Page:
"Cities still have higher poverty rates - about 19.5 percent, compared with 10.4 percent in the suburbs. But the gap has been steadily narrowing. In a reversal from 2000, the number of poor people living in the suburbs now exceeds those in cities by roughly 1.6 million," reports Hope Yen.
"More than half, or 57, of the 100 largest U.S. metro areas had substantial increases in poverty. They were most evident in Sun Belt suburban areas including Modesto and Riverside, both in California, as well as the Florida cities of Lakeland, Orlando, Miami and Tampa, which had seen large population gains during the housing boom."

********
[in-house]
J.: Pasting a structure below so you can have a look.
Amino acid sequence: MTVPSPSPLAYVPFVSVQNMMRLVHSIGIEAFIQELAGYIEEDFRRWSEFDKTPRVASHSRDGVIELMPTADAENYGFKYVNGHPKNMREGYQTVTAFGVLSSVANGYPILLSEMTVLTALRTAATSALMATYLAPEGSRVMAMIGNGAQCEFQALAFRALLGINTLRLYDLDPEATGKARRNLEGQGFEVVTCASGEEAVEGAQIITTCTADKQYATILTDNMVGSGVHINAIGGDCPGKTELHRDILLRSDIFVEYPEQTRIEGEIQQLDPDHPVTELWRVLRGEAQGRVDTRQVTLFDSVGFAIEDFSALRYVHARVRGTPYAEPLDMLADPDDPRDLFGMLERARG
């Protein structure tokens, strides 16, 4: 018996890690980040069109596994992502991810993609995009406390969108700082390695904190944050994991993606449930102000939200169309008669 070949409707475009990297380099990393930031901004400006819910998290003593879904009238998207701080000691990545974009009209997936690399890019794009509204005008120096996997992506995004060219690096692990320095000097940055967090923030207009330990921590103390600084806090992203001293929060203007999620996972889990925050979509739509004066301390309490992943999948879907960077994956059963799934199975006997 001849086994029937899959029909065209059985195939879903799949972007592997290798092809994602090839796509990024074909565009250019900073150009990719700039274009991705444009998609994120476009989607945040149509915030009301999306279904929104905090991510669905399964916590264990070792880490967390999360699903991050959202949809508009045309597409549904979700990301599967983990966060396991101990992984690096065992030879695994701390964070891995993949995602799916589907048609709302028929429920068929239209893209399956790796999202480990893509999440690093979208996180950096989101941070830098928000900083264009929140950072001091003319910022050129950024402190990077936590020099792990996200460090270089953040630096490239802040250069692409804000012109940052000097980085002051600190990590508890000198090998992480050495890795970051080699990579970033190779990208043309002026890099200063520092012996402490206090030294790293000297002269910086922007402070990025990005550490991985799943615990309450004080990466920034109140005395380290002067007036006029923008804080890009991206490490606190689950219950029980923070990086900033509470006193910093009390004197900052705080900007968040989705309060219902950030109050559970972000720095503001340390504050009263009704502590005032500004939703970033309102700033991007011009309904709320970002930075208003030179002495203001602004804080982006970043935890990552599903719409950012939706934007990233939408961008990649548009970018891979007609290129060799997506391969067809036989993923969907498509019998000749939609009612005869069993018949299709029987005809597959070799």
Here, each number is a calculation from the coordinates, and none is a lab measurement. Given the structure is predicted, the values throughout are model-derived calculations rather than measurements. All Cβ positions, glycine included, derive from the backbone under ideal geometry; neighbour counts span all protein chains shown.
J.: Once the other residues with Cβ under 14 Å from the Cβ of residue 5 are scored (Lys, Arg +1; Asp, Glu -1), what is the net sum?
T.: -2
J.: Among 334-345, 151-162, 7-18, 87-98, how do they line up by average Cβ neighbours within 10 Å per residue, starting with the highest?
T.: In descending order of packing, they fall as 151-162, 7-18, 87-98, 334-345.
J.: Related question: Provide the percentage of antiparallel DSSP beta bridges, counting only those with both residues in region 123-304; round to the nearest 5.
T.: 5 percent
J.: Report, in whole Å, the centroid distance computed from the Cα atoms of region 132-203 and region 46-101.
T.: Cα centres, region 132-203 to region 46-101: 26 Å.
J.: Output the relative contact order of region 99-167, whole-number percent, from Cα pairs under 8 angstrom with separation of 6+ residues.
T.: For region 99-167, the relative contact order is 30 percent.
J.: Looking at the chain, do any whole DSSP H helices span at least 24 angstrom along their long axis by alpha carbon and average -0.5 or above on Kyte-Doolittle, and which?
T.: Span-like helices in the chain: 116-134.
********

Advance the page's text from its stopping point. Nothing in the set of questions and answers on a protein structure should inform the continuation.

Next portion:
Elizabeth Kneebone, a senior research associate at the Brookings Institution, said the numbers highlighted a need for local governments to develop regional approaches to tackling poverty that encompass both city and suburb.